Foam behind seat

I am not familiar with NDK boats, but does that whole line have a bulkhead behind the seat that is angled so that water can be easily poured out? Am I thinking of the right boat? If so, has anyone added this to a different boat? I guess it is as simple as buying some minicell foam and cutting it to shape. Is this a good feature of these kayaks?

Any ideas?


NDK and others

– Last Updated: Feb-19-08 1:03 PM EST –

NDK is slanted and straight, another one but I forget which is slanted and kinda rounded as well - there are several manufacturers out there that angle the bulkhead behind the seat to encourage easier water drainage. I suppose there could be an argument about whether that has structural impact, but in our fleet all the approaches seem to work.

As to foam behind the seat - you could add it to a boat without any angling and it would likely make it easier to dump water. A big chunk of it would also be something that you might have to maintain and reglue on a periodic basis, and if it filled the space all the way to the seat could take away the space that I use to stash my paddle float and a sponge.

Really a matter of personal preference. I doubt that angled or not is going to make a life or death diff on the water.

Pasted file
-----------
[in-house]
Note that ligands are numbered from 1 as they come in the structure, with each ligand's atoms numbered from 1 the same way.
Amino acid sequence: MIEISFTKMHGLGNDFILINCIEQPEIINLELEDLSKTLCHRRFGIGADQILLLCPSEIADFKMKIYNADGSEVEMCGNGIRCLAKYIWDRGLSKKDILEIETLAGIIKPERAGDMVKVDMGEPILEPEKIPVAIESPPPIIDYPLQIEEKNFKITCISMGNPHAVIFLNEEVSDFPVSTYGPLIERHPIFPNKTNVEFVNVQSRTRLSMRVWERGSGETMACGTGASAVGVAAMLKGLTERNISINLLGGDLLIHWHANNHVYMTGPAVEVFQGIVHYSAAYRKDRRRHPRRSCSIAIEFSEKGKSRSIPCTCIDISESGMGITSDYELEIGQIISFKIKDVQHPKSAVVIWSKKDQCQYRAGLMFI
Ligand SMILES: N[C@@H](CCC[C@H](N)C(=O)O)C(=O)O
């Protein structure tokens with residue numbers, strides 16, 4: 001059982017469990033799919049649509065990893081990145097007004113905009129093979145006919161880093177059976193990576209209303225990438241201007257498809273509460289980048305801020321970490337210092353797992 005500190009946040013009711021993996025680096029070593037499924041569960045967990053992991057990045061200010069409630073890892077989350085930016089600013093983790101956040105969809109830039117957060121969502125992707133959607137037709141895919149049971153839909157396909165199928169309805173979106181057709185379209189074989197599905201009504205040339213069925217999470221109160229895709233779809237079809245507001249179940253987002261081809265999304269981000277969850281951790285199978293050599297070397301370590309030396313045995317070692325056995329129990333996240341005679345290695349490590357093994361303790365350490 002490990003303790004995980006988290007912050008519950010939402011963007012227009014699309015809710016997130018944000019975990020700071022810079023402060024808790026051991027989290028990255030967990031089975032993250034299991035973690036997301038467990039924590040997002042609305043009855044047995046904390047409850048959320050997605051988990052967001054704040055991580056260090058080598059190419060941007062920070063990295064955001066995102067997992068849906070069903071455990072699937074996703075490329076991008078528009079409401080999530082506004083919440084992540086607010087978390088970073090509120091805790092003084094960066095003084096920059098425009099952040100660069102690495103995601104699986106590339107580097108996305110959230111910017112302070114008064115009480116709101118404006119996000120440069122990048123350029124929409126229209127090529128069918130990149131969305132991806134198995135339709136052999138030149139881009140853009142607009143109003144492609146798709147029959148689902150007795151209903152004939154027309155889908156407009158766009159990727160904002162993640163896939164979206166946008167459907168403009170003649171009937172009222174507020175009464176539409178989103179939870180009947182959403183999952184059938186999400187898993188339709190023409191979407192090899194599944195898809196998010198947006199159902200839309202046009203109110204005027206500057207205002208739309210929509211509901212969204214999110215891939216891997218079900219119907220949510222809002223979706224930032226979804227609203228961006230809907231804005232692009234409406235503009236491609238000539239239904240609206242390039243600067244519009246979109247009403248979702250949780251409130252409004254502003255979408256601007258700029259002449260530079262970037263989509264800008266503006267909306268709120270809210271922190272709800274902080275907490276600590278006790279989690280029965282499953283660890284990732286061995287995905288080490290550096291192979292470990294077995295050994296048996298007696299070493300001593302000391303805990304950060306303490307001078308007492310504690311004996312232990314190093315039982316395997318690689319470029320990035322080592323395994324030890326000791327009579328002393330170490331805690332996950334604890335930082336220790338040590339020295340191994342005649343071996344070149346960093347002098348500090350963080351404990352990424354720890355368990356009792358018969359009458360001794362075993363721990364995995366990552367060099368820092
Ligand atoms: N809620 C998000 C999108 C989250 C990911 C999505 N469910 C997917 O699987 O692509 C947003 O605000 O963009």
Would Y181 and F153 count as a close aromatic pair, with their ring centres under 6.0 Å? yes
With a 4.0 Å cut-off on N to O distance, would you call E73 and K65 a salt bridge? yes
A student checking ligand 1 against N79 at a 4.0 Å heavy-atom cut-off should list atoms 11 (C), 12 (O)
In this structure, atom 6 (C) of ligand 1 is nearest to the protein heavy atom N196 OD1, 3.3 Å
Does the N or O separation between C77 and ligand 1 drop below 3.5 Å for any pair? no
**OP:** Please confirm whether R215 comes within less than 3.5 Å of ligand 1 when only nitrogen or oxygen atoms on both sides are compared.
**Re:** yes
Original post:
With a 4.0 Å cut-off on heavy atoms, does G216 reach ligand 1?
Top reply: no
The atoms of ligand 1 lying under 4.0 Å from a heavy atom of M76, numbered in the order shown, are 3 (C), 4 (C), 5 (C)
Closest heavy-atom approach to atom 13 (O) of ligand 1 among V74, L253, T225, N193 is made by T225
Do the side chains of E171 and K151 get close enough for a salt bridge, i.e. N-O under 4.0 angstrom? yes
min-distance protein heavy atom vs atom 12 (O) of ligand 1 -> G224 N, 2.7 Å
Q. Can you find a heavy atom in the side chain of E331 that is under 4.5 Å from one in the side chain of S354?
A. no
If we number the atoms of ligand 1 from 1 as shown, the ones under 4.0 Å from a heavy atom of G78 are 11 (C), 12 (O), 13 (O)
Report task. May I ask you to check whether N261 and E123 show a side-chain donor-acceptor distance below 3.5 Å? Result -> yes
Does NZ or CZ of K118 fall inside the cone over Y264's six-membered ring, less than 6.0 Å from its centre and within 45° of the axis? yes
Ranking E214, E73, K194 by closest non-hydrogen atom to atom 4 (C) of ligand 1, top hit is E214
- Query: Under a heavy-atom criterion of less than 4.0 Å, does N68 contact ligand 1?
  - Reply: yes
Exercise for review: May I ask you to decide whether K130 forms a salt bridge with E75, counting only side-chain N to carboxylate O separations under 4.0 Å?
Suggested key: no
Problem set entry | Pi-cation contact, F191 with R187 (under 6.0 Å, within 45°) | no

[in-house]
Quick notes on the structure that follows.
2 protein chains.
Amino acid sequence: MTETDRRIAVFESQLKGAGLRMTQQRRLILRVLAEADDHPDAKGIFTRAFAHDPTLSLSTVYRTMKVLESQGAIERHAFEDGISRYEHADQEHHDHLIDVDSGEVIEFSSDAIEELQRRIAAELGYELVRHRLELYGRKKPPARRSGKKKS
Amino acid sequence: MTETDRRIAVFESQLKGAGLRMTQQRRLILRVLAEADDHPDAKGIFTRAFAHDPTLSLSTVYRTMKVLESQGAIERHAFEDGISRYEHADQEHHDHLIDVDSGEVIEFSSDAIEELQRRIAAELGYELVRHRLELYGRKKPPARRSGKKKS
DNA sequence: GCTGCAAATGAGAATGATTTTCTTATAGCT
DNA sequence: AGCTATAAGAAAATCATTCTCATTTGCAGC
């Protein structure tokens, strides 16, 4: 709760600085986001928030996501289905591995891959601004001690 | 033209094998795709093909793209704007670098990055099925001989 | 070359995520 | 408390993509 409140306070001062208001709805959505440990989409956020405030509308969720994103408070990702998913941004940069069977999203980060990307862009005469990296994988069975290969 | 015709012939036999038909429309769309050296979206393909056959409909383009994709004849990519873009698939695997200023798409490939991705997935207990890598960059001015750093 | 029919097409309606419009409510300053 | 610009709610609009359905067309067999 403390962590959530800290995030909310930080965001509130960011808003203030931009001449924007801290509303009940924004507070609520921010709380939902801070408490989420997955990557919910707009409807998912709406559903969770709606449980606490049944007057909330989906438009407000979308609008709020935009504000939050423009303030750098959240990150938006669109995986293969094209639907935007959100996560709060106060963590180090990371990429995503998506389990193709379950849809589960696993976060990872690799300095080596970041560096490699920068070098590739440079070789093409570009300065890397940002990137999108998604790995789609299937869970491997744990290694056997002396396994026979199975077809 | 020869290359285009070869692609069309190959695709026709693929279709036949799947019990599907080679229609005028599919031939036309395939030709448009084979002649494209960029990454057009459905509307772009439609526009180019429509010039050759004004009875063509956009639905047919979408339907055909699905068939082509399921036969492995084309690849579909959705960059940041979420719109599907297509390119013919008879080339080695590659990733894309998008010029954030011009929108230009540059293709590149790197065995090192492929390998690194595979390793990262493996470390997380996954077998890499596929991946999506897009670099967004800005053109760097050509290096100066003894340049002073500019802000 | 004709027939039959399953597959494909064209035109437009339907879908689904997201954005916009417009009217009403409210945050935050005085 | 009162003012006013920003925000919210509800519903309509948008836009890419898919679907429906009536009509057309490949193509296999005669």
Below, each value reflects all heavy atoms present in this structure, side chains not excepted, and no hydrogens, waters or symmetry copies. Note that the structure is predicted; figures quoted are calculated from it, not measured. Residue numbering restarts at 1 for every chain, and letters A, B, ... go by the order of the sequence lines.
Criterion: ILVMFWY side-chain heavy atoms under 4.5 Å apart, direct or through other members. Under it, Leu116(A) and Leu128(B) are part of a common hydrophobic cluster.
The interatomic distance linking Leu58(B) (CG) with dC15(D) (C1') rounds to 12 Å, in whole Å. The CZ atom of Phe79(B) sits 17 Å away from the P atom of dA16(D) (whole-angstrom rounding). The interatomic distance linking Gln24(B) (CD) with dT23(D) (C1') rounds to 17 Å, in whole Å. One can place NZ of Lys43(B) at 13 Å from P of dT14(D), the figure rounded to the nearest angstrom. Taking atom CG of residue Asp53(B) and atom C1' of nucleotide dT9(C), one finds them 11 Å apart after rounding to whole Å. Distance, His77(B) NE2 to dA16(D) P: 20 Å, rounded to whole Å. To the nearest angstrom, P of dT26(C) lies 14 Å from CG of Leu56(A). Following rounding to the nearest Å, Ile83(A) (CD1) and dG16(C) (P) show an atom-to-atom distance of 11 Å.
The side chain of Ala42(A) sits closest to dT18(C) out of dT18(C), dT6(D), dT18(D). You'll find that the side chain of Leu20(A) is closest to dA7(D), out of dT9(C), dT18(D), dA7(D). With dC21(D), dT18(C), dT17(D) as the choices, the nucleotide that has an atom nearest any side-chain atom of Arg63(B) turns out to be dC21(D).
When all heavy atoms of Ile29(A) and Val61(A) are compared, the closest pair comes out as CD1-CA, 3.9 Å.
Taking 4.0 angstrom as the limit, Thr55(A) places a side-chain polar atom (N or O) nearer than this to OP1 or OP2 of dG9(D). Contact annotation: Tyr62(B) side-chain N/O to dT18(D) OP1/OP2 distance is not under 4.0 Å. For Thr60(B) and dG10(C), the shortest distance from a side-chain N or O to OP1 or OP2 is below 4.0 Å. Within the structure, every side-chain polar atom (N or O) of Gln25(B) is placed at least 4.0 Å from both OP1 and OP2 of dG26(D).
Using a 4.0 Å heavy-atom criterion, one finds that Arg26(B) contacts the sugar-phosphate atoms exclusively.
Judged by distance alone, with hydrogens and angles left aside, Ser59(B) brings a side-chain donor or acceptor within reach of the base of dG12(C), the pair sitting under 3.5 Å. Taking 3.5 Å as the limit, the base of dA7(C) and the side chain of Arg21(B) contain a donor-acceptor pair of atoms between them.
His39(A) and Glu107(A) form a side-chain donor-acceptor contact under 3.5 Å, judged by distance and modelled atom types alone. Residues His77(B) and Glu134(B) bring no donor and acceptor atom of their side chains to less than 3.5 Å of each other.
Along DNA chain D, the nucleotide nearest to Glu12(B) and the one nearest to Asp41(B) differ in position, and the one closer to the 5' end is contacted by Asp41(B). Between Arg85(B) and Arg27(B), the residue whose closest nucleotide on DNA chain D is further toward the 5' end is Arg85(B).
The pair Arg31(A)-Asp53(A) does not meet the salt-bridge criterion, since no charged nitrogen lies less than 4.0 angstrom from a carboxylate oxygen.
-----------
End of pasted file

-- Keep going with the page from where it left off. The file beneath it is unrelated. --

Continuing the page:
Foam seat back

For what it’s worth (and I’m admittedly biased since my shop sells the foam backrest), the foam backrest is one of our more popular items for NDK boats, and we’ve sold several to non NDK owners to outfit their boats as well. The idea is the back rest stays in place (unlike the NDK seat back which can cause pinching for me), provides good support and is less constricting around your lower back for full hip/torso rotation.

The foam is simply an option for outfitting your boat and to be sure it’s not for everyone. As for the slanted bulkhead – it does make emptying the cockpit easier and gives you a bit more room in the day hatch too. I find it’s nice doing rescues and even nicer when I’m washing out the boat at the end of the day. But certainly not something that should impact your choice of boats.